There’s no avoiding the whirlwind that comes with the 2016 elections. It’s also no secret that in past, many Americans have failed to turn up at the polls to vote, whether it is the primaries or even the larger Presidential elections.
Yet still, one candidate always wins and one always loses. So who exactly is voting for that winner?
In a study conducted back during the 2014 midterm elections, the Pew Research Center for the People & the Press found that our country’s nonvoters—described as individuals who are either not registered to vote, or are considered unlikely to do so—are the exact opposite, demographically, of those who will vote.
The study attributes three major categories that contribute to whether someone will vote or not: age, race and education. From the study:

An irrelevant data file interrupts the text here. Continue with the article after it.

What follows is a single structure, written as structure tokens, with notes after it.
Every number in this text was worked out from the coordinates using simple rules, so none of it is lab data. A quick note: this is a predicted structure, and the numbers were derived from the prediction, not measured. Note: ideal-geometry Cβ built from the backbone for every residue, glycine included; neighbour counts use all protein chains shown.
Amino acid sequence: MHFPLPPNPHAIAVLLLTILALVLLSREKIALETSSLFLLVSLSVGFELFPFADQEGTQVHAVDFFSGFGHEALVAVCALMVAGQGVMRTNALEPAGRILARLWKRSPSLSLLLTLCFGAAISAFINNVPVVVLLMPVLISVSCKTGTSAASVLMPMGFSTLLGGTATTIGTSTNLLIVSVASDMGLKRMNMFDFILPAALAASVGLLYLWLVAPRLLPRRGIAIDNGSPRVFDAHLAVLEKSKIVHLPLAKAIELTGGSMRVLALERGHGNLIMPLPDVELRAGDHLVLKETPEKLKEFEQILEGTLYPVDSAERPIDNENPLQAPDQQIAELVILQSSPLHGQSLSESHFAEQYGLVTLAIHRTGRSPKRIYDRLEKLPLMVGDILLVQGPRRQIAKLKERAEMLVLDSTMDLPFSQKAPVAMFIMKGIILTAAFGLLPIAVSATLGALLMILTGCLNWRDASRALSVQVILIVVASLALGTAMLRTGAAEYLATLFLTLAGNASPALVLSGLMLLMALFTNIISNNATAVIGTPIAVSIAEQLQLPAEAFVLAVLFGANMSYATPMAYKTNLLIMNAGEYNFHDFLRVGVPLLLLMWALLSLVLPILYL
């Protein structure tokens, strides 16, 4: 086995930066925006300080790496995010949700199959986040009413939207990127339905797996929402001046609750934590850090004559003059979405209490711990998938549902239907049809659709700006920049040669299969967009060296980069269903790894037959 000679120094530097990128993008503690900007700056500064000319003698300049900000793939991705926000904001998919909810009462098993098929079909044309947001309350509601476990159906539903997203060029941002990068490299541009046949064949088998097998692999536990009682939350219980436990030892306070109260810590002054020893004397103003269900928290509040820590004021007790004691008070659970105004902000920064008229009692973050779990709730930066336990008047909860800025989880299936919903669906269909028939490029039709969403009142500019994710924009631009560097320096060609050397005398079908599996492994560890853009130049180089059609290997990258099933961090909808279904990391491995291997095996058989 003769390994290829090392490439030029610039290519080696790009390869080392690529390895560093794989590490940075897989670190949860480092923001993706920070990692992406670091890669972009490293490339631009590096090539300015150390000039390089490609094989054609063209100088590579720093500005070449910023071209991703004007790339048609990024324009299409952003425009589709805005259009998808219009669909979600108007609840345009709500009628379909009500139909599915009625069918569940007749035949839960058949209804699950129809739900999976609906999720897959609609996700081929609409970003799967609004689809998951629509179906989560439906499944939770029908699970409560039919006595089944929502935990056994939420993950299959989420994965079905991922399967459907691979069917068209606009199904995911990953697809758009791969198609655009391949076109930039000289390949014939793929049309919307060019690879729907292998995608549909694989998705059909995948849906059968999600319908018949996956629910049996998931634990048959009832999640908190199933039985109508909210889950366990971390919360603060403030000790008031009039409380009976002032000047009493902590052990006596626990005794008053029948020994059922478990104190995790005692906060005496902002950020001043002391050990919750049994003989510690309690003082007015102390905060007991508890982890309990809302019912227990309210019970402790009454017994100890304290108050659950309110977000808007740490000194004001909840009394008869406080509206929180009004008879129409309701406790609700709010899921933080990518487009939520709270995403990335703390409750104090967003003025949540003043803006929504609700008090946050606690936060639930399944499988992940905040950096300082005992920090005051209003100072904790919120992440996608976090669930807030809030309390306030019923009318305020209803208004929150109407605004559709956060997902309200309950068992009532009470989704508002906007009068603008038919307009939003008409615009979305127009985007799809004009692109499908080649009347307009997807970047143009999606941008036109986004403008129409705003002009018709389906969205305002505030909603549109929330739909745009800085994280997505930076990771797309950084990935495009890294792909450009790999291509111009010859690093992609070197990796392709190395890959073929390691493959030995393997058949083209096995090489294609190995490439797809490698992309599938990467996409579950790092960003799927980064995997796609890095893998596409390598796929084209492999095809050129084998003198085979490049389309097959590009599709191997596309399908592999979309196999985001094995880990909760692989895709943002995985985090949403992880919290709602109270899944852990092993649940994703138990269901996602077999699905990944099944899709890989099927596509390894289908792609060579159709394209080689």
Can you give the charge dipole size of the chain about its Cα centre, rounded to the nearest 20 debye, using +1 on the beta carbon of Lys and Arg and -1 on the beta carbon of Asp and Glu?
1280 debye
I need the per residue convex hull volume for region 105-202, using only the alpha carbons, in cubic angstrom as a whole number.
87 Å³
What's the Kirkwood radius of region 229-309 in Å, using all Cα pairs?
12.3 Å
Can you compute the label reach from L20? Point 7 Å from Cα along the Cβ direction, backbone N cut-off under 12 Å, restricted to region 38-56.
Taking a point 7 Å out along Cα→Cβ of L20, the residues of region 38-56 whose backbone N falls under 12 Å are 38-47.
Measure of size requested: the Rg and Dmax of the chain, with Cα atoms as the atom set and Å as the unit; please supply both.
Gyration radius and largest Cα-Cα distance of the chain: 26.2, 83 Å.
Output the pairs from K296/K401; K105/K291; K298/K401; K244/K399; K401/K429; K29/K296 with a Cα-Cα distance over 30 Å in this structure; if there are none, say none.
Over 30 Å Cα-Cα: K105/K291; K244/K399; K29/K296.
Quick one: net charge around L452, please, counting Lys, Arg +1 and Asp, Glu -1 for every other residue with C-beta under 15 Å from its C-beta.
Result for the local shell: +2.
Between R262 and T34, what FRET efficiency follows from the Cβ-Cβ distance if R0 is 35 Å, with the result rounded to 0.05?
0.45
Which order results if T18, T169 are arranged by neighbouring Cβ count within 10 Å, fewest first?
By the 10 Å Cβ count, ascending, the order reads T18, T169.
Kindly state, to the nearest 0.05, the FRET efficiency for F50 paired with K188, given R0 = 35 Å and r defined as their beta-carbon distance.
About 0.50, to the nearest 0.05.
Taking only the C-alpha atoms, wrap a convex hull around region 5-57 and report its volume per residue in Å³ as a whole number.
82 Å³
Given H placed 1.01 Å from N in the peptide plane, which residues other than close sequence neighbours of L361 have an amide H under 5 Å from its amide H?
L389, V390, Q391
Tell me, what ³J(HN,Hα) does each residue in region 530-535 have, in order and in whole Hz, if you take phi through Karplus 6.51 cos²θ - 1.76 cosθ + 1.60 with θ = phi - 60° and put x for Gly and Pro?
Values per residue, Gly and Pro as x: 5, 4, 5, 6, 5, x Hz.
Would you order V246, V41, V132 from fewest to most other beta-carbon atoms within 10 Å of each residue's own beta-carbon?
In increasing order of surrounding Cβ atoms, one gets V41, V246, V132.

- Nonvoters are typically young. In fact, 34 percent of them are under 30 and 70 percent are under 50. This article makes some points as to why some young people may decide not to vote.
- Nonvoters are typically racially/ethnically diverse: 43 percent are Hispanic, African American or another racial minority.
- Nonvoters tend to be less educated than those who do vote. The study found that while 72 percent of likely voters have completed at least some college, 43 percent of those who don’t vote did not attend any sort of college.
So what can we do to close this voting gap? According to the public policy organization Demos, tweaking our voter registration laws and policies may make a difference, as might allowing for more same day registration at the polls. You can read more on what Demo has to say about voter turnout here.